Greetings brothers and sisters in Christ. These first letters which I am addressing to the diocese are a simple attempt to help each of us better prepare for an experience of Communion with our Lord at Mass.
Today I want to say a brief word about the Liturgy of the Word. This is the part of Mass where we are invited to listen with attention and receive God’s word during the readings.
The Church has always taught that Christ is just as present in the proclaimed word as he is present in the Body and Blood of the Eucharist. We believe that when the scripture readings are proclaimed, it is not the lector nor the deacon nor the priest who is speaking. It is truly Christ speaking collectively to us as a community and specifically and personally to each one of us. The Constitution on Divine Revelation states, “The Church has always venerated the divine Scriptures as it has venerated the Body of the Lord . . . In the sacred books the Father who is in heaven comes lovingly to meet his children, and talks with them. (Dei Verbum, 21).
The Church Father Caesarius of Arles says, “With as great anxiety as we show when Christ’s body is ministered to us, lest nothing fall out of our hands onto the ground, with as great anxiety we should see to it that God’s word which is dispensed to us may not perish from our hearts because we are thinking or talking about something else.” Then he continues more forcefully, “The person who hears the word of God with inattention is surely no less guilty than one who allows Christ’s body to fall on the ground through his own carelessness.”
The word proclaims what the sacrament enacts: it’s the same Christ, really present. I think it is easier for us to experience Christ when we receive holy Communion because we use more of our bodily senses. When we eat his body and drink his blood we see, taste, smell and touch Christ. When we receive Christ’s word, we primarily use only the sense of listening. Many Catholics get excited to receive Jesus in holy Communion. But not as many express their enthusiasm for listening to Jesus through the Scriptures in the liturgy. But that same Jesus — the Word made flesh — who comes to us sacramentally in the Eucharist wants to speak to us in the Scriptures, the Word of God inspired.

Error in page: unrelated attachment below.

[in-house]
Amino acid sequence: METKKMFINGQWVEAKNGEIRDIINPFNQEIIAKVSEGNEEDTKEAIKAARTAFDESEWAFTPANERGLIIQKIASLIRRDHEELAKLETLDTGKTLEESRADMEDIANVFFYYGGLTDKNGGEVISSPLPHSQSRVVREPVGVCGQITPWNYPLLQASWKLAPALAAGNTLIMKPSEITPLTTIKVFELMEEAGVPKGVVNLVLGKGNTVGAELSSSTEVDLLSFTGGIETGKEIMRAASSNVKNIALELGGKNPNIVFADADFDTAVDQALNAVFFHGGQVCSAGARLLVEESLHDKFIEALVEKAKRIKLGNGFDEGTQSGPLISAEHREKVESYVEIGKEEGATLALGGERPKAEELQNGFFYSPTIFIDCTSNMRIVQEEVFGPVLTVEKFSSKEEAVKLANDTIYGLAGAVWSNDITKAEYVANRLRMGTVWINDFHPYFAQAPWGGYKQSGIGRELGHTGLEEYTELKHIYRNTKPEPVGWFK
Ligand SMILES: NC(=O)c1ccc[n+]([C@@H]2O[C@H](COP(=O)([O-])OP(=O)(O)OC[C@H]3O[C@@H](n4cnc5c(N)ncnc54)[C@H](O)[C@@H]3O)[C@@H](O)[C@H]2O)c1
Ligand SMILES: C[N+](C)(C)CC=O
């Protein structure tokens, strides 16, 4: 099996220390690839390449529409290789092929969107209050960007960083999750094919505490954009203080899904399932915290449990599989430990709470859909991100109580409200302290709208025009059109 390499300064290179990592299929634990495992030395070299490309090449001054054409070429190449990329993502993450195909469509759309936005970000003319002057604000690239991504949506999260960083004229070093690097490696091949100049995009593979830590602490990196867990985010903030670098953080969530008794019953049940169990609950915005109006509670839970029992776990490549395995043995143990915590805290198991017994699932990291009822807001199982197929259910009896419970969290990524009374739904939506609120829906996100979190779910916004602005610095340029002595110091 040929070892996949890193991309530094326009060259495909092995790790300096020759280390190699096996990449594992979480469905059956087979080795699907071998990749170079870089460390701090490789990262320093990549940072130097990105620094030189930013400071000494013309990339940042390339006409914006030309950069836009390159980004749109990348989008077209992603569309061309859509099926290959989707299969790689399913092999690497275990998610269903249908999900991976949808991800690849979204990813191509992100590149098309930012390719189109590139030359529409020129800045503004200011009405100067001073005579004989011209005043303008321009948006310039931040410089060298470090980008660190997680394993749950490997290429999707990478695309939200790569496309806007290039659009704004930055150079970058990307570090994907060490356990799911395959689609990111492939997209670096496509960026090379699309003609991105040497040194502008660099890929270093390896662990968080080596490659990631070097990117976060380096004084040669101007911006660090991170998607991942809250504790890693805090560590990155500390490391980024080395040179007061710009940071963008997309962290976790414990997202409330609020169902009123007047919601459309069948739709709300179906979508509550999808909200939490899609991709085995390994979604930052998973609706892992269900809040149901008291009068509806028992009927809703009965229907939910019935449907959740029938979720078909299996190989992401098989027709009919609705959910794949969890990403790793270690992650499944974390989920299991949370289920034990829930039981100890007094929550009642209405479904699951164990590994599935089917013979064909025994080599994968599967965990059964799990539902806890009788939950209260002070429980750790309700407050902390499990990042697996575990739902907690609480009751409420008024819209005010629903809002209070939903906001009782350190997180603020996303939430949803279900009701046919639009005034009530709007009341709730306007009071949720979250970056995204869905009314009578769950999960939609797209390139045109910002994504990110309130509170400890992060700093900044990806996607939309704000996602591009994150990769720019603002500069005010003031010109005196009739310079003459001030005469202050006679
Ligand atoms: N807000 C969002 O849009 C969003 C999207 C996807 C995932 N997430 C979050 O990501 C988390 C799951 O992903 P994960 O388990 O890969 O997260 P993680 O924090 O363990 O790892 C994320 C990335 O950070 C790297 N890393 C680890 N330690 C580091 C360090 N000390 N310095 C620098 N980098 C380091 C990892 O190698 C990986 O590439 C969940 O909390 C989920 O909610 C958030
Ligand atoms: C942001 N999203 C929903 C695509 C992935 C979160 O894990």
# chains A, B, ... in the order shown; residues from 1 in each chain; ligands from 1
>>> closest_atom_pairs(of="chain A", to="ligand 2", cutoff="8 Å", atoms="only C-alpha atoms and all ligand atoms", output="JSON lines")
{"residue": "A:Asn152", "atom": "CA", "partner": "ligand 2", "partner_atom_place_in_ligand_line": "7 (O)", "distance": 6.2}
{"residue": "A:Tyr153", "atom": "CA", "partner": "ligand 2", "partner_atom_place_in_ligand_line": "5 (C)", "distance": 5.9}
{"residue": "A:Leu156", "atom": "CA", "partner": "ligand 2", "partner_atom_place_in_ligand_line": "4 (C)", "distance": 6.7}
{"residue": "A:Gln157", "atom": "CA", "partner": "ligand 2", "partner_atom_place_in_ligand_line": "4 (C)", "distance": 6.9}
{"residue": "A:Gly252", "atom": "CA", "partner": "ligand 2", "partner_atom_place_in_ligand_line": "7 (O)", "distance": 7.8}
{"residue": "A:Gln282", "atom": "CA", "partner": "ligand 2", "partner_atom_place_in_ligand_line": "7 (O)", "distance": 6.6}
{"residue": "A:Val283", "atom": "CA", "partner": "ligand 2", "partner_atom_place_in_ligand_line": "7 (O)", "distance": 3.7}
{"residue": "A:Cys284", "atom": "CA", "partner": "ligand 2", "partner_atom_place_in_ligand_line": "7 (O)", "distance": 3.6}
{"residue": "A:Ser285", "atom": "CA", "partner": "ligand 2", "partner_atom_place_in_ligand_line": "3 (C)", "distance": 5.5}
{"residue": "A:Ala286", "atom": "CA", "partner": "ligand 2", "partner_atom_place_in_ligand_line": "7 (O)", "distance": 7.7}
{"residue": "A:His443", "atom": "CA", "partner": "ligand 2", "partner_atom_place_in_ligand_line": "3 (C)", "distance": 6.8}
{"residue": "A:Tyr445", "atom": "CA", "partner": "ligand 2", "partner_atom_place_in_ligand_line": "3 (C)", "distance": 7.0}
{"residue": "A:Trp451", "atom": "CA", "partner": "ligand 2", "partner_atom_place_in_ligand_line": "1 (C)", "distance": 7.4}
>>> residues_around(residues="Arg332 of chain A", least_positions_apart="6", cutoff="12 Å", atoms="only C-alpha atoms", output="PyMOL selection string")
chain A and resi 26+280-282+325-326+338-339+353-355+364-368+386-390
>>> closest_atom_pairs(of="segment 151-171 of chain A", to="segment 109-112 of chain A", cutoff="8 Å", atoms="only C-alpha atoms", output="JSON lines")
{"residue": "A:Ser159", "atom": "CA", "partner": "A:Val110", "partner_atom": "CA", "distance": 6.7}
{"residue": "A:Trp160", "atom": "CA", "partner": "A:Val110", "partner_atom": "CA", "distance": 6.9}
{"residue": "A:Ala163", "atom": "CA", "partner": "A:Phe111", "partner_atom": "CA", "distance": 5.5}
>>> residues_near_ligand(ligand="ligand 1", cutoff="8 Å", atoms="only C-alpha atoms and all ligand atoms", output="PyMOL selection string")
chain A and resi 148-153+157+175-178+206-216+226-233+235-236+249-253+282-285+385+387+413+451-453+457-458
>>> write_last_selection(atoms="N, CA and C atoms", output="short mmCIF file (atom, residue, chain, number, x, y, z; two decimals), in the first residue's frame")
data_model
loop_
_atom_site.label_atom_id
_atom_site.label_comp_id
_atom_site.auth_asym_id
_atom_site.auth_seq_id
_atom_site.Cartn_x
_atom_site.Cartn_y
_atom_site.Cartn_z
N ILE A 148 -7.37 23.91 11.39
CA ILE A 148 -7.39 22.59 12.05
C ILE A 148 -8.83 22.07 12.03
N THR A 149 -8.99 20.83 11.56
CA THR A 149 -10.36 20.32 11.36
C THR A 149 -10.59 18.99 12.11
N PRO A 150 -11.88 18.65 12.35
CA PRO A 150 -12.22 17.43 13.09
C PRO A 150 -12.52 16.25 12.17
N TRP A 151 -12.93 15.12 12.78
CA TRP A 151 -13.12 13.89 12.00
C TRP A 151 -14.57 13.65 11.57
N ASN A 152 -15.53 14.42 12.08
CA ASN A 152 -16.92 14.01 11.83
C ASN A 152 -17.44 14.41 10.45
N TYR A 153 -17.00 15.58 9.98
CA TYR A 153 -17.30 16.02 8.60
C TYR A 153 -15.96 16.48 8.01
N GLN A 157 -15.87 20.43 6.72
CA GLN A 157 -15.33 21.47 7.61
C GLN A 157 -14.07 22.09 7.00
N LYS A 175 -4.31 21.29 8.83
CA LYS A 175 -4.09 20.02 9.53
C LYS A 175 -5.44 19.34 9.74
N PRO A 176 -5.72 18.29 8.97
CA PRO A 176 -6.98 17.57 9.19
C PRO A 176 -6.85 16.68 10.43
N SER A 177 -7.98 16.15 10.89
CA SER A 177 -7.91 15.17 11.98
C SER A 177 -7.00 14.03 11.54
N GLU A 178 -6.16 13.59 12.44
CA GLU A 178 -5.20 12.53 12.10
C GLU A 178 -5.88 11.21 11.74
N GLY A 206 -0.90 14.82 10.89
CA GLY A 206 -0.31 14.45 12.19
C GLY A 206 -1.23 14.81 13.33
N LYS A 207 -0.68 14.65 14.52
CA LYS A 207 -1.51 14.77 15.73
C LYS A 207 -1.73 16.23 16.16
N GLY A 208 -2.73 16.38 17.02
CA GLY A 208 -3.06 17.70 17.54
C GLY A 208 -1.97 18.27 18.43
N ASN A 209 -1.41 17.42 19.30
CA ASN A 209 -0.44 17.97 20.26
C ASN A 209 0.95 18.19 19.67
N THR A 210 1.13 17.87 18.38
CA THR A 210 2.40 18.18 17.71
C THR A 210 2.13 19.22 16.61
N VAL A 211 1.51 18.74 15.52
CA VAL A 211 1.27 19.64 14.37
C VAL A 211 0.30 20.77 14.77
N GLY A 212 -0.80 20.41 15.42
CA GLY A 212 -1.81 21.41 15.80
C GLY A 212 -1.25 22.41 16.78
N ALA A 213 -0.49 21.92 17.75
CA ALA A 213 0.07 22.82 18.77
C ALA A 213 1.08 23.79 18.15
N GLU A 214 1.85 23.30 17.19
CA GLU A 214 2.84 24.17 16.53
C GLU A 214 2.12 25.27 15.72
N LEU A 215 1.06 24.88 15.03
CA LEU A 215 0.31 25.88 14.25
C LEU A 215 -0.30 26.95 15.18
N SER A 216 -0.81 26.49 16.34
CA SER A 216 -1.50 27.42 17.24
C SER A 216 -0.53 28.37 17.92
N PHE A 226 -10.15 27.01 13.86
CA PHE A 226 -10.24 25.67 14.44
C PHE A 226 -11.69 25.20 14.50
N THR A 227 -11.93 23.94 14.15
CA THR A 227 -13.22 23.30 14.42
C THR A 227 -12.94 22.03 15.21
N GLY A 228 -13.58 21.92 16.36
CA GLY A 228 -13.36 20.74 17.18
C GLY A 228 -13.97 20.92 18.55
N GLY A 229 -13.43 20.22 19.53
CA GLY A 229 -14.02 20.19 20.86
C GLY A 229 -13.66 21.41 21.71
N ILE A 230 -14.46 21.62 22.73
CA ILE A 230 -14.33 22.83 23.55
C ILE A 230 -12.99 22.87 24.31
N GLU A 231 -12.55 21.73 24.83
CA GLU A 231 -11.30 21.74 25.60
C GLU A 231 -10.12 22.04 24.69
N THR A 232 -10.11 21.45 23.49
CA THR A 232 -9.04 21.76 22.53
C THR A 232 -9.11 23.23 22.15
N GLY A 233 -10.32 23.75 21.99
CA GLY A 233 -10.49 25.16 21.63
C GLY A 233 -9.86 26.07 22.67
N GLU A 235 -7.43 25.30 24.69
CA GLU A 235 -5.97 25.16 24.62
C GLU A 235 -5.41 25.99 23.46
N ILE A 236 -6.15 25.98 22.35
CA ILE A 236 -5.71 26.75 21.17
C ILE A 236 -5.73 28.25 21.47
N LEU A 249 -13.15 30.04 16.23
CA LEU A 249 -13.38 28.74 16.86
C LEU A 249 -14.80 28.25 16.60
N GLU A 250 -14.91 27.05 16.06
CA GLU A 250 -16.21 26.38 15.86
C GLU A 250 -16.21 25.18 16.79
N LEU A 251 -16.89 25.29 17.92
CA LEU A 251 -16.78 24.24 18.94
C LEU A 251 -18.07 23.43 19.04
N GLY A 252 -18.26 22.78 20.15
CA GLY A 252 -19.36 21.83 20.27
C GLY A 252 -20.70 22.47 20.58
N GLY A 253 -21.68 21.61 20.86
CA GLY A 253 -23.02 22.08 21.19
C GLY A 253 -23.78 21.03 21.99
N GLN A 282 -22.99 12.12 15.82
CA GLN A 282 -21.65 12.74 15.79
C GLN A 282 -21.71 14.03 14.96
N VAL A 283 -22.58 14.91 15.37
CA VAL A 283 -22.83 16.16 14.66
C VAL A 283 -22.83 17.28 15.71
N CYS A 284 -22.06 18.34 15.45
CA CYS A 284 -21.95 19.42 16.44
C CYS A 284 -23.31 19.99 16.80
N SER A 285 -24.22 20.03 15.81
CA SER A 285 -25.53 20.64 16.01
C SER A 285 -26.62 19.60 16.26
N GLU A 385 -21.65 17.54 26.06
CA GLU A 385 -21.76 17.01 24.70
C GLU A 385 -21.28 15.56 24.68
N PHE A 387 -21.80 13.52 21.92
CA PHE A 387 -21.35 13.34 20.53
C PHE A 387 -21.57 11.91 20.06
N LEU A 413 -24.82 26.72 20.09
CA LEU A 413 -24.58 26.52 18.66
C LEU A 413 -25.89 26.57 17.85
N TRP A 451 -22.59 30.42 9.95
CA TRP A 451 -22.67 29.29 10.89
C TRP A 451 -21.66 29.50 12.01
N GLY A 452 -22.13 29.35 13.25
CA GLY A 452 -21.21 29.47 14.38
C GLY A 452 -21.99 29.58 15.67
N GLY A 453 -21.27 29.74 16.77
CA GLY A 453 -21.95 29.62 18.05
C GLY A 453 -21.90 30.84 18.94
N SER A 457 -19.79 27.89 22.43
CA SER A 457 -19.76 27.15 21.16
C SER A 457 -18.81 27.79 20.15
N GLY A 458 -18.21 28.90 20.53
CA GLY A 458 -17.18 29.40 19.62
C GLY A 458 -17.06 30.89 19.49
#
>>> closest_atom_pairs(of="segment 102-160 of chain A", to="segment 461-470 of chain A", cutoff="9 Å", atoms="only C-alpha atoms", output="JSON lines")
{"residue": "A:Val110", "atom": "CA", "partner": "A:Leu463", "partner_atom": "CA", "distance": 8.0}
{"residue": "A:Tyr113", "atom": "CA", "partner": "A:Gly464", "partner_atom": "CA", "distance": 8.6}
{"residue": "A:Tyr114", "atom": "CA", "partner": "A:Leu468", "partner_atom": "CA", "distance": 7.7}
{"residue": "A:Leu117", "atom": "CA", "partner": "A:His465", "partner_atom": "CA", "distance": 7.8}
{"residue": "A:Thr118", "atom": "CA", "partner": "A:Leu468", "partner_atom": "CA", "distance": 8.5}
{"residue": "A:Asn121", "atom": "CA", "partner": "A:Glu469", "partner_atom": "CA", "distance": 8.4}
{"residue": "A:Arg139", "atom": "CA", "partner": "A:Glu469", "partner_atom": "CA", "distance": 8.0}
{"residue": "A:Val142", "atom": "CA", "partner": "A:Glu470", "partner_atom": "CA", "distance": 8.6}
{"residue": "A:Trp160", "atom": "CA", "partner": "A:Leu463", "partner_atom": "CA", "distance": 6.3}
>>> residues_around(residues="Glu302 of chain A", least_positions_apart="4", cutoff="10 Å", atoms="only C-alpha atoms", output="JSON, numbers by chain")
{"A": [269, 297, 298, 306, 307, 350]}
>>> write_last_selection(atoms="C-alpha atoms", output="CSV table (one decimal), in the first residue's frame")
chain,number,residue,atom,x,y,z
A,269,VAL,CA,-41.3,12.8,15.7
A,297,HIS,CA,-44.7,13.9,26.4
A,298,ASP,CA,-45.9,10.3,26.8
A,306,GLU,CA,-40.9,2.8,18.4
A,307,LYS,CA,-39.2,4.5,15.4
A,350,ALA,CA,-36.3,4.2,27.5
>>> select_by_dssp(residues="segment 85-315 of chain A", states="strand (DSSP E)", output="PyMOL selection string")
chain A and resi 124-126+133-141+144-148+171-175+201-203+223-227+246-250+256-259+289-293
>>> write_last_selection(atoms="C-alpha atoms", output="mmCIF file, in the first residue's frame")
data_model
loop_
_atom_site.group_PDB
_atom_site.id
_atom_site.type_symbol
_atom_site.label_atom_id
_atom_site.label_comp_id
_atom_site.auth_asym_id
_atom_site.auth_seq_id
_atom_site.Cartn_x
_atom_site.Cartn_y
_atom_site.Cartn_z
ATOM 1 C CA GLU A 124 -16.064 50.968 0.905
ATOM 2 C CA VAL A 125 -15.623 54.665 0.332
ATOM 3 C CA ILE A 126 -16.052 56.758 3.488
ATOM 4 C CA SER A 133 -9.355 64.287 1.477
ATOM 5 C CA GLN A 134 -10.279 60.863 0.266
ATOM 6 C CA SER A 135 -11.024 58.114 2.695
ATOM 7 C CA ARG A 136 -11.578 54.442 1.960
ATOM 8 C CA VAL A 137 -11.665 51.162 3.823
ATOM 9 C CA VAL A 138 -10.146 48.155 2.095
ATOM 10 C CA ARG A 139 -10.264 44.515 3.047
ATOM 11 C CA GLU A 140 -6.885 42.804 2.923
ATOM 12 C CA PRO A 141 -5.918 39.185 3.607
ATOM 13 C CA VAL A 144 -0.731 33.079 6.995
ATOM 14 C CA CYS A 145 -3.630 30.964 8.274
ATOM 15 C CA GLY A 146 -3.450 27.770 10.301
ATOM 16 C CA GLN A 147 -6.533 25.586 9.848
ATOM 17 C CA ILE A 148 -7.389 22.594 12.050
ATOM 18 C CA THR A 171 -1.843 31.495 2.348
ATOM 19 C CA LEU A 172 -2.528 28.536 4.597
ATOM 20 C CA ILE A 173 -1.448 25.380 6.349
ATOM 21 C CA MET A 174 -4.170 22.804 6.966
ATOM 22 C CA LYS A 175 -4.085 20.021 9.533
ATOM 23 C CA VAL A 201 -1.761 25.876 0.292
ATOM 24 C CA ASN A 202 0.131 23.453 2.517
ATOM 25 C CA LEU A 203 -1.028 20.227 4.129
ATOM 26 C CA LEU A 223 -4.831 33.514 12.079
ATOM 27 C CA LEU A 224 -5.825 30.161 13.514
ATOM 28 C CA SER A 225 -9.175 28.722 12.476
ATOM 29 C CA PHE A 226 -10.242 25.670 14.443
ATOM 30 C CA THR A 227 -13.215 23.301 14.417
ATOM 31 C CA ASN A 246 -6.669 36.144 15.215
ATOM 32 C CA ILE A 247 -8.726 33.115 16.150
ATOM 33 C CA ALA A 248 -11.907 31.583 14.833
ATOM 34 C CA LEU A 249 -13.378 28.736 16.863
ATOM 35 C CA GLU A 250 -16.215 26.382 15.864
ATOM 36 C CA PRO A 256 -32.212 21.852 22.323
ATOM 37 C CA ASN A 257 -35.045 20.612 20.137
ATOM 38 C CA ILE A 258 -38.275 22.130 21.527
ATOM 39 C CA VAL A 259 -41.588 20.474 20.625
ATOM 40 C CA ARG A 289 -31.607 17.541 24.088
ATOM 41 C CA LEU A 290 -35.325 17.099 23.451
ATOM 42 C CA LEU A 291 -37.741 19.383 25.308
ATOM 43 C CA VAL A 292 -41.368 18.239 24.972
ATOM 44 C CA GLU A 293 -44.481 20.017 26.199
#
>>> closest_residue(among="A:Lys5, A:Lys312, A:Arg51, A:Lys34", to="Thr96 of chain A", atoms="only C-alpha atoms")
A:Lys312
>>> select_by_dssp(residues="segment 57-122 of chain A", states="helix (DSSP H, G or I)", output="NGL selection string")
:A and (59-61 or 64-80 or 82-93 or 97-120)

With this in mind, how might I better receive the Word of God at Mass? Here are a few simple ideas:
First, I make the decision to listen to the readings. The word for listen is related to obedience, from the Latin verb, “ob audire,” which means to listen attentively to. When I make the decision to actively listen at Mass, I am obedient. A faithful disciple of Christ desires to be obedient to him in all things.
Take some time to read the readings before Mass. You can find these online at www.usccb.org or use a resource like the Magnificat. You can also simply arrive early for Mass and read the readings in the missal in your pew before Mass starts.
Bring the Sunday Mass readings into your daily prayer. This helps us to do more than simply review the readings. We take time to pray with them. Read a few lines of the Scripture passage and then pause and look back. What strikes you? What makes you happy? Excited? Nervous? Take some time with those words and phrases. If we have attended to God’s word in our daily prayer — when we come to Mass we are prepared to let that word move deeper into our heart and soul.
You can also listen to the readings on the way to Mass. If you are with family or friends you can have one person read the readings out loud. Take some time to discuss what the readings might mean for you. This is a better use of drivetime than to allow our heads to be filled with other things that might distract us from God speaking to us.
Read along during the Liturgy of the Word: For those of us who get easily distracted at Mass, we can pull out the missal in our pew and read along with the Mass readings. This can help us stay focused and attentive to God’s word.
Finally, realize that whenever we stand at Mass, we are preparing for an encounter with Christ. This is certainly true when we stand at the Alleluia in preparation for the Gospel. This proclamation makes Jesus’ life present to us in a profound way. We are not mere spectators listening to an historical account of something that happened a long time ago. Christ is speaking personally to each of us. “Repent.” “Be healed.” “Do to others as you would have them do to you.” Come to Mass this next weekend and together we will obediently receive God’s Word.